You could be forgiven thinking that, just by looking at the settlement prices, Iran has managed to strike a deal with Western powers, and they will resume crude oil exports this week and/or resurgent coronavirus has forced countries to re-introduce mobility restrictions, which significantly hampers oil demand growth. The truth, however, is that outright prices went into freefall, time spreads crashed, and bulls were obliterated because stubbornly high consumer prices have raised the odds of interest rate hikes and consequently it was the financial supply that increased meaningfully yesterday as money managers got rid of part of their length, especially on the front end.
US consumer prices rose by 6.2% last month, at the fastest pace in 30 years. The month-on-month increase was 0.9%. The surge was the result of the price rise in energy and the increase in the cost for food, used and new vehicles. The US president unequivocally put the blame on energy and has reportedly instructed the National Economic Council to examine ways to reduce energy costs and the Federal Trade Commission to increase the fight against price manipulation.
The relentless increase in consumer prices will pile further pressure on the Federal Reserve to raise interest rates, the thinking goes. The resultant dollar strength and the sell-off in Treasury bonds have also contributed to the bull stampede towards the exit.
Rising consumer and producer prices are, indeed, valid concerns, and they could act as a break on economic growth thus hurting oil demand. These concerns, however, do not change the current physical oil balance. The rest of the year is expected to remain tight. As demonstrated in the latest weekly US stock data, demand is still flirting with the 20 mbpd mark and commercial oil stocks, which declined 1.2 million bbls last week are 43.6 million bbls lower than the 5-year average. If the recent price strength is fundamentally justified and yesterday’s sharp move lower was, in fact, speculative in nature then bottom pickers ought to emerge in the not-so-distant future.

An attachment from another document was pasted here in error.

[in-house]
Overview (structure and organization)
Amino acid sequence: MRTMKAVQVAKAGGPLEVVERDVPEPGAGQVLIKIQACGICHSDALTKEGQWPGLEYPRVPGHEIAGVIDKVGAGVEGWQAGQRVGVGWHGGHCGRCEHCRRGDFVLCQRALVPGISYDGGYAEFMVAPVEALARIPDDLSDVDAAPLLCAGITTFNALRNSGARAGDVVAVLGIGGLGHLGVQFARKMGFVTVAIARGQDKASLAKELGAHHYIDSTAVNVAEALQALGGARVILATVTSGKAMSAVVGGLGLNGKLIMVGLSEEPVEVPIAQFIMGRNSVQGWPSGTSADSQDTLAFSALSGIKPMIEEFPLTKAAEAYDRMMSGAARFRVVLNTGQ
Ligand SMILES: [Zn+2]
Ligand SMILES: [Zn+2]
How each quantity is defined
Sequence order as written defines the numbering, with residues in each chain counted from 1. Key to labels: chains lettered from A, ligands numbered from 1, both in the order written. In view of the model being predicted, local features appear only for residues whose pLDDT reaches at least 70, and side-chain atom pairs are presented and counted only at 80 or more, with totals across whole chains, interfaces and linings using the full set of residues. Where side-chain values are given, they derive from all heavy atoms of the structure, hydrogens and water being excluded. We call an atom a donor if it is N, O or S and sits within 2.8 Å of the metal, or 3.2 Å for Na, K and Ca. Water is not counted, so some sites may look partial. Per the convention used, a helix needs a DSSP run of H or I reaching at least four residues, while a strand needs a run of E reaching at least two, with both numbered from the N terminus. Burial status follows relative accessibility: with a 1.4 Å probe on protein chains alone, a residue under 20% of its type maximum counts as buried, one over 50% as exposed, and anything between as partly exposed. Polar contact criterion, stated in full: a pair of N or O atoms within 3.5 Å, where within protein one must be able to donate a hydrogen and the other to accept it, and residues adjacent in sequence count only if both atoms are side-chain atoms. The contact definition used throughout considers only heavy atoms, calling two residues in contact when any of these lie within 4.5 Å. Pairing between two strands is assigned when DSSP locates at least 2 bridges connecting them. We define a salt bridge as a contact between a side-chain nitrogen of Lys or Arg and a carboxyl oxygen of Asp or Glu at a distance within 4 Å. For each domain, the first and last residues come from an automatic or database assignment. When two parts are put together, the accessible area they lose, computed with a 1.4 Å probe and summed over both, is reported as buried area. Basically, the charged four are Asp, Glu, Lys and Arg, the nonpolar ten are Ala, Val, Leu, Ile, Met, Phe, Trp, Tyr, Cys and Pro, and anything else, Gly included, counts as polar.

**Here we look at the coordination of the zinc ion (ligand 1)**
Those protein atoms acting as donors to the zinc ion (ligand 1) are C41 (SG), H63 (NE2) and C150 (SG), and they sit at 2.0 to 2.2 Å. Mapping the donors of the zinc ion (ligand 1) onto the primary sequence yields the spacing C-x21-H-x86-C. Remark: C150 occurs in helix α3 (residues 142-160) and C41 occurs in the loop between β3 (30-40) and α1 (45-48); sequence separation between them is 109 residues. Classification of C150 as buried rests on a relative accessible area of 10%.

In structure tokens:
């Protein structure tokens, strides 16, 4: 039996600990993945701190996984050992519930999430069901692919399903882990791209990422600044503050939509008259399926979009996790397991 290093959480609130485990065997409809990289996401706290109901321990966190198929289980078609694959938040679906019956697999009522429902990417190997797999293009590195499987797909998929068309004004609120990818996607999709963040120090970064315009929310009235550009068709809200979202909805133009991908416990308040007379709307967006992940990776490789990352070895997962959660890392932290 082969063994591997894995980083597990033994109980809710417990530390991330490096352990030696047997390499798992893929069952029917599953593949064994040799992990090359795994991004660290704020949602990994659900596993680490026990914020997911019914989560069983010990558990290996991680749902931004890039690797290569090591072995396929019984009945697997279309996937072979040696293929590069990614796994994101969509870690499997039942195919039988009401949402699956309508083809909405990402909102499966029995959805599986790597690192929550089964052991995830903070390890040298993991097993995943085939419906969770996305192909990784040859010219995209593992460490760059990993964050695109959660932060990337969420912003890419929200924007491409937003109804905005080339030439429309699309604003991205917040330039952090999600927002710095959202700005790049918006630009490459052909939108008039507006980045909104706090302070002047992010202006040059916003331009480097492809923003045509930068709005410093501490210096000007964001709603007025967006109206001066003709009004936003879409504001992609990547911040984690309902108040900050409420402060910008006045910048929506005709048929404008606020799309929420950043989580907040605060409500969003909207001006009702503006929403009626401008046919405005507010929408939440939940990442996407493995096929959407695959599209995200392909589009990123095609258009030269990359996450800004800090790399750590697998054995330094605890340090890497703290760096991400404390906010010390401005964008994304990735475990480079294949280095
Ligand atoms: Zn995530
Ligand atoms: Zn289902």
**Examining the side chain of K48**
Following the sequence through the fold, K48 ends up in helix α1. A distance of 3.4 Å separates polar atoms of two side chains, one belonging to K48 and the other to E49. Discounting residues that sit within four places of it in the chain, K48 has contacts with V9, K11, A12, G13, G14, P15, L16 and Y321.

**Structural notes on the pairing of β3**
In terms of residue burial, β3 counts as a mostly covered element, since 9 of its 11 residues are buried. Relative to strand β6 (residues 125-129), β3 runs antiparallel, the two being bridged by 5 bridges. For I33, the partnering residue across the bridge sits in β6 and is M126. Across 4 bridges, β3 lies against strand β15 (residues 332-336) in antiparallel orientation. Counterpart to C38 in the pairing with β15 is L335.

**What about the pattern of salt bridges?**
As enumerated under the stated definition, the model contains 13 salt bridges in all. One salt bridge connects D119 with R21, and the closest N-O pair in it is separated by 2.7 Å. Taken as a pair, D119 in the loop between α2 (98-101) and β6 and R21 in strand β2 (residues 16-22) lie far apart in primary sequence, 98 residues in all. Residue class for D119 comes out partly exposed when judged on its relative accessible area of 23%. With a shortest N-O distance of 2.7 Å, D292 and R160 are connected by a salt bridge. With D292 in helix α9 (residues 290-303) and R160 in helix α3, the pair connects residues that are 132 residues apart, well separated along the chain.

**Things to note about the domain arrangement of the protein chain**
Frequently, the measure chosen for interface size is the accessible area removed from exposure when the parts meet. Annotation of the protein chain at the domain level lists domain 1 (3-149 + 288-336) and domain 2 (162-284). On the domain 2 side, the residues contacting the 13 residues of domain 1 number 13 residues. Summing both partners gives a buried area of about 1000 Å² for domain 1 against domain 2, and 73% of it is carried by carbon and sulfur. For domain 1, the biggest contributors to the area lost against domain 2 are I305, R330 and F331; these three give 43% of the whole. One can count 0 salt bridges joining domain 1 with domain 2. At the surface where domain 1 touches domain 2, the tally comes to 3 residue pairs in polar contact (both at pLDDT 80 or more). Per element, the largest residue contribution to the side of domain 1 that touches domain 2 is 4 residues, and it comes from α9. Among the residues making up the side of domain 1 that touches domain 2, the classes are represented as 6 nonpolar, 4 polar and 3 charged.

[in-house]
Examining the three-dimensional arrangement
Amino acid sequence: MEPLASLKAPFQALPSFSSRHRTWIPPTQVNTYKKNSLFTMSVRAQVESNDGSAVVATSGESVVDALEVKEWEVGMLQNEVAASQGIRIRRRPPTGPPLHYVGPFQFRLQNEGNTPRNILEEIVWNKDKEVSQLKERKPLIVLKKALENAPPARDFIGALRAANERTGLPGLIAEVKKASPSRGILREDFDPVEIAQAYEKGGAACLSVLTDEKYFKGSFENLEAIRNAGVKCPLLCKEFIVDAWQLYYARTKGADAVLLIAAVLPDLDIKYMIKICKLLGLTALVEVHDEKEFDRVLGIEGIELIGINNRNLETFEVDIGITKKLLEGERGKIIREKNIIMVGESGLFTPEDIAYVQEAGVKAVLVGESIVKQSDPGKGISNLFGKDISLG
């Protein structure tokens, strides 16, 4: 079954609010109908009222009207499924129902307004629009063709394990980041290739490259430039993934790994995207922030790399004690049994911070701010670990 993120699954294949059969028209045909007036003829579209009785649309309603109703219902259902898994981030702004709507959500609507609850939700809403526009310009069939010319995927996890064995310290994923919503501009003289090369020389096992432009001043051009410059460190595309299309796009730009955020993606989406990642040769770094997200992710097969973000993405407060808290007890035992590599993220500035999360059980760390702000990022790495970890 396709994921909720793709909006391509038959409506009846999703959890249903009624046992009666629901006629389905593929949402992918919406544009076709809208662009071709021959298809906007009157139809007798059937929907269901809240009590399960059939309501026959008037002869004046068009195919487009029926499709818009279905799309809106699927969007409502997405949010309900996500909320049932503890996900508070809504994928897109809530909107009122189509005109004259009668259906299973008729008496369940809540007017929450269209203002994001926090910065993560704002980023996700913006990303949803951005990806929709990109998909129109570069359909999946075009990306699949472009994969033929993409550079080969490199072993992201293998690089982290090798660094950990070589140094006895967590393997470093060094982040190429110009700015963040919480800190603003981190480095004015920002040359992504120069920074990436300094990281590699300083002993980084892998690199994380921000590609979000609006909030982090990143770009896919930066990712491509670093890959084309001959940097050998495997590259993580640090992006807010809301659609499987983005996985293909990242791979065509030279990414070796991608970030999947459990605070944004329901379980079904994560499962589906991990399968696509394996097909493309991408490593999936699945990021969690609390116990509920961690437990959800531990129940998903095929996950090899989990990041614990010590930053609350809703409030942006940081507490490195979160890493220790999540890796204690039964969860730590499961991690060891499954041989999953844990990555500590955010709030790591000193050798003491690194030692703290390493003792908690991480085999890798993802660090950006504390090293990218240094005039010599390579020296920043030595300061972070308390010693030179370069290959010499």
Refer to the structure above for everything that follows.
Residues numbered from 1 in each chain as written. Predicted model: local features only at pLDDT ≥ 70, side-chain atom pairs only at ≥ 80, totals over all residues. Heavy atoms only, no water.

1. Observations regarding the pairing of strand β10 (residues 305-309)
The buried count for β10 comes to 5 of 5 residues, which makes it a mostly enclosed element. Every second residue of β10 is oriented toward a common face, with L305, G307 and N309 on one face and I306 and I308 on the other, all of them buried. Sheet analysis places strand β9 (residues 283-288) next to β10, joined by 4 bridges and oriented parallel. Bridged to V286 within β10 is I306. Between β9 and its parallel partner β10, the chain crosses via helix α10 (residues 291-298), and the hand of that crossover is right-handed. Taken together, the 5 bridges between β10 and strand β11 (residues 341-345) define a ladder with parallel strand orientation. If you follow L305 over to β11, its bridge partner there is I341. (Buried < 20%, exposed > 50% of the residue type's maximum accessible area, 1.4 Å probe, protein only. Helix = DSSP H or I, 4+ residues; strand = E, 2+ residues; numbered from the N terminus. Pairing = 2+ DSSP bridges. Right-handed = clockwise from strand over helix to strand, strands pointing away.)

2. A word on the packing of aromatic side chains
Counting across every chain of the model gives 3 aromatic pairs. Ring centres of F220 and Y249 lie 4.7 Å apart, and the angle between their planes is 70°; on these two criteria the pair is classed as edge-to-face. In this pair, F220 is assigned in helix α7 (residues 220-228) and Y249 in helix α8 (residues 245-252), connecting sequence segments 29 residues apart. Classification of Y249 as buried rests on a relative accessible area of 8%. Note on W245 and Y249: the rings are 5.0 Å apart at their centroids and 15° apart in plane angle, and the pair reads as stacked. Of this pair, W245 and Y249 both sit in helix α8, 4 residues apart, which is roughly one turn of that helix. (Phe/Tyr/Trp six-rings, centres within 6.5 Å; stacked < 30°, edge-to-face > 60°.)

Prevalent optimism could come to a temporary halt
Depending on which side you are on you will conclude that the oil market is audaciously or understandably resilient. Despite the occasional and temporary pullbacks, the one we saw last week, or yesterday’s retracement oil prices are not far off from their highest levels in several years. The voices of those who expect this strength continue unabated sound very confident. To attempt to establish whether the faith in protracted oil price strength is vindicated it is worth taking stocks of the headwinds the market faces together with the tailwinds that supports it.
In the former category the fact that the fight against the coronavirus is ongoing cannot be ignored. Total cases have surpassed the 250 million milestone whilst death toll is now over 5 million. As winter approaches in the northern hemisphere surge in cases and therefore the re-imposition of assorted restrictions are not only anticipated but are already happening. This, in turn, could act as a break on economic growth. Another factor that could influence investors’ mindset is China. Ever since Cold War II got under way during Donald Trump’s presidency, China, the second biggest economy in the world has become increasingly inward-looking in its quest to global economic and political domination. The change in attitude could inevitably and negatively affect the engine room of the global economy.